An unprecedented series of recent court rulings that halted the execution of eight Arkansas prisoners reflects a decades-long national trend that has sharply curtailed the use of capital punishment, reports USA Today. Death penalty experts say the court decisions are in keeping with a number of factors prompting executions in the U.S. to decline, including challenges based on DNA evidence, litigation over the drugs used in executions, and increased use of life without parole as a sentencing option. Prisoner executions nationwide have plummeted over the past two decades. There were 20 prisoner executions nationwide in 2016, the fewest since 1991.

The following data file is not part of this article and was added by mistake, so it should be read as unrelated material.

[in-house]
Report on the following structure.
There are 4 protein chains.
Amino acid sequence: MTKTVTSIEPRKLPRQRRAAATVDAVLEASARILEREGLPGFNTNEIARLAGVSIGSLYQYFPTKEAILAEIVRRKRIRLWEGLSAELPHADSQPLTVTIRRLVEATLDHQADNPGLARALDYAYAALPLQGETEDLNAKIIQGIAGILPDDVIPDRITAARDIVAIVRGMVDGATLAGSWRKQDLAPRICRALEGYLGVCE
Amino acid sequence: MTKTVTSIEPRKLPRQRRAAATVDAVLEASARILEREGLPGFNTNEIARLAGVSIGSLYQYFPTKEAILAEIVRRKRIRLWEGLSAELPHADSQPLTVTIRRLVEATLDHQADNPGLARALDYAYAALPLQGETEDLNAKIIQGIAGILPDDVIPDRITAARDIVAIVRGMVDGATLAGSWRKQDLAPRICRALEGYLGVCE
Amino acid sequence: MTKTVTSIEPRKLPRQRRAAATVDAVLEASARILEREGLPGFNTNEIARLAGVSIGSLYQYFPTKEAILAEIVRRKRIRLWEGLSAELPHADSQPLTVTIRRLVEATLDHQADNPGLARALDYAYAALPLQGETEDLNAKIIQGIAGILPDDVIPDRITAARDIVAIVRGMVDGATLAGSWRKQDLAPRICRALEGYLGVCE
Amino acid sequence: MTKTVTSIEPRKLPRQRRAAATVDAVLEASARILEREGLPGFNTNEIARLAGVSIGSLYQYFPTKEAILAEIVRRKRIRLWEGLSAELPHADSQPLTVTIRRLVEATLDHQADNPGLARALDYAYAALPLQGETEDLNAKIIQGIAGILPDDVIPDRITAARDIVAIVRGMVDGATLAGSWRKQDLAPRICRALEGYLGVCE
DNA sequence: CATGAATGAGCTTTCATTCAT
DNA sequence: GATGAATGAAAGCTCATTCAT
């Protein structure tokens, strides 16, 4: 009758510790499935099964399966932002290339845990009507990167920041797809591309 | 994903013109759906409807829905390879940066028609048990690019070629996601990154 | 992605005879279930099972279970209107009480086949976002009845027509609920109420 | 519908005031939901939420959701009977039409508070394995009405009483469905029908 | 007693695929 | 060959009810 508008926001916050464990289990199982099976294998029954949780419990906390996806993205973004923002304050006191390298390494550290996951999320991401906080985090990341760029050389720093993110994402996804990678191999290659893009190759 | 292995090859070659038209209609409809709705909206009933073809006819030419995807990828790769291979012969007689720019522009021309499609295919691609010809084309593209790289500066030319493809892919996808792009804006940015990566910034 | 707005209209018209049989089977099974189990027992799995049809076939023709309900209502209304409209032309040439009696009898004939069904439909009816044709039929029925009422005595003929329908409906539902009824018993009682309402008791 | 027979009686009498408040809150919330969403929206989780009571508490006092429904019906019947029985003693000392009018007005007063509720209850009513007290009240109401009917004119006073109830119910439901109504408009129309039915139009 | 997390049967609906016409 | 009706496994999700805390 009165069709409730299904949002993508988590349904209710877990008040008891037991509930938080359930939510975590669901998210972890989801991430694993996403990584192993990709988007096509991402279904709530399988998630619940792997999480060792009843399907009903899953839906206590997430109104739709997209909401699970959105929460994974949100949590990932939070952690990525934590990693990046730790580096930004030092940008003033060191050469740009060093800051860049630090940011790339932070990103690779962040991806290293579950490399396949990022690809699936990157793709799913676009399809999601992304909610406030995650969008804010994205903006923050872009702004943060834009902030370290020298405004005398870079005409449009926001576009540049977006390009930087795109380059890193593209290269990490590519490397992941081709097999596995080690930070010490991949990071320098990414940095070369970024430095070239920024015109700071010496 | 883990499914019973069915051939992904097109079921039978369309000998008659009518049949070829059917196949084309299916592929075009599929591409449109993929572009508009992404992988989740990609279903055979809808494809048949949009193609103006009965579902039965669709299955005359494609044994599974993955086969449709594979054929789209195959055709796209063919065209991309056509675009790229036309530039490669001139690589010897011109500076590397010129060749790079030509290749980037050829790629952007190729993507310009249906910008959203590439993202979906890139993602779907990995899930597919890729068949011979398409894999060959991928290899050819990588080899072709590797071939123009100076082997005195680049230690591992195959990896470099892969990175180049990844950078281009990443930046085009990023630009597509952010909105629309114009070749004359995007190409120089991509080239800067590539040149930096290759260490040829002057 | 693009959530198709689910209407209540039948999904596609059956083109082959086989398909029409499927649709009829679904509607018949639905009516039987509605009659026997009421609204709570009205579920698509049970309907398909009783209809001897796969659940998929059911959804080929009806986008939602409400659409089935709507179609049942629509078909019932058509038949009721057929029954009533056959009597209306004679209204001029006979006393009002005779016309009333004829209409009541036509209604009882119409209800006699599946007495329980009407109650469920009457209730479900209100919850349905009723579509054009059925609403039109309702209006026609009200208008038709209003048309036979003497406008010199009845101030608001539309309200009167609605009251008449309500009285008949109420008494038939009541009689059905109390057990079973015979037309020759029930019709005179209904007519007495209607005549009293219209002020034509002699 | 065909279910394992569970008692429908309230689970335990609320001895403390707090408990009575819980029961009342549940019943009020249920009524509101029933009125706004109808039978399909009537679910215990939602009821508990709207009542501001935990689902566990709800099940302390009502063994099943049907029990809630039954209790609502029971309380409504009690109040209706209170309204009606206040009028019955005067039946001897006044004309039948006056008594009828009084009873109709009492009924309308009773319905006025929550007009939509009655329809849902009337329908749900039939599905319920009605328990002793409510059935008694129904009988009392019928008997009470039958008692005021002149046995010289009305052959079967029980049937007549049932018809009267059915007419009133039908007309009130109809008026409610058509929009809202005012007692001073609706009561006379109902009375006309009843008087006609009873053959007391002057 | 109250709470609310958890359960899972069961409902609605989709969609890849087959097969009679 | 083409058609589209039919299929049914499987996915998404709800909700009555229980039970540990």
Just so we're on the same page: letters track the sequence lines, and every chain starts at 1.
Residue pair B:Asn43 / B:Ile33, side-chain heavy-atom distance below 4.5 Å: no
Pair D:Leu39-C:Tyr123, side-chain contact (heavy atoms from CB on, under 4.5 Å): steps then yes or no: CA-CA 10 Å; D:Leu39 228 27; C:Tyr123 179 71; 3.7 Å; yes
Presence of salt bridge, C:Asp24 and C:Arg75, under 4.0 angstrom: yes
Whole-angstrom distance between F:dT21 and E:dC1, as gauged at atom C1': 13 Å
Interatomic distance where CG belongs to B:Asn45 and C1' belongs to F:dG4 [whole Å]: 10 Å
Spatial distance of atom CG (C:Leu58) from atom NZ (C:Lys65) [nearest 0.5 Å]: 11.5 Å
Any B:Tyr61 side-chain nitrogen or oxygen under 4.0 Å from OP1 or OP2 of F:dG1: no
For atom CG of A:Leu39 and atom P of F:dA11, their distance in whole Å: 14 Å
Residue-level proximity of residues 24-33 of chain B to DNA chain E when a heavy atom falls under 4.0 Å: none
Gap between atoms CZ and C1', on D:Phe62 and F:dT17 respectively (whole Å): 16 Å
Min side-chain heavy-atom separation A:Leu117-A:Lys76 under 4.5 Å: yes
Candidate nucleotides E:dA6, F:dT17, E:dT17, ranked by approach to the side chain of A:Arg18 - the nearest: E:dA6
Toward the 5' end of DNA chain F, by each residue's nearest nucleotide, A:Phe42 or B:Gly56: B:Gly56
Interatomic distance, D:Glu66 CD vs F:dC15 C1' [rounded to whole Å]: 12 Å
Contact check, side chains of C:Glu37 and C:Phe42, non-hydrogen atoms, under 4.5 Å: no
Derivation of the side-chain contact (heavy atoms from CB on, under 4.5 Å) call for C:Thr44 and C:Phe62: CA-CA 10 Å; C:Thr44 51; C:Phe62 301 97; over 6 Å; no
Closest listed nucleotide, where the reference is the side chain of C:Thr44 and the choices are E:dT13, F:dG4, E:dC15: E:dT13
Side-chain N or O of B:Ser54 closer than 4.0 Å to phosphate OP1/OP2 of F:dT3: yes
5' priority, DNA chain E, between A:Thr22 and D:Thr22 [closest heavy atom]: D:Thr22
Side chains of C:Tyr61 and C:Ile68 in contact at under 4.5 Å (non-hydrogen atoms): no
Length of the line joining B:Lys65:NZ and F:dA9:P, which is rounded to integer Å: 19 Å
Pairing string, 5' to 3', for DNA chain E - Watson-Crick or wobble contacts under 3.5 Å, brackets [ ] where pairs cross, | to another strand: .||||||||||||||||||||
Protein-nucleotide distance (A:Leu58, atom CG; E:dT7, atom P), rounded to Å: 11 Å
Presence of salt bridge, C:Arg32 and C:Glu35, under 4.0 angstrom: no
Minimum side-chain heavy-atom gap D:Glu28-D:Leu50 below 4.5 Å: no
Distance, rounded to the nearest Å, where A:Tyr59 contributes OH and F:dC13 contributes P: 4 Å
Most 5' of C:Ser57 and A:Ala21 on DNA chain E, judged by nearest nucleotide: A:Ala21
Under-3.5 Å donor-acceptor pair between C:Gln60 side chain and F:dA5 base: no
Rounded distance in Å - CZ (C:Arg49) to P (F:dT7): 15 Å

The growth of life without parole as a sentencing option in many states, as well as the high cost of prosecuting a capital case, has led prosecutors to push for the death penalty in fewer cases. Attention given to wrongful convictions and the use of DNA evidence have led to closer scrutiny of death penalty cases by both the legal system and the general public. Although lethal injection became the nation’s primary method of execution in the 1990s, recent sustained challenges by death row inmates and death penalty opponents have gained traction in the court system, says Deborah Denno, a law professor at Fordham University.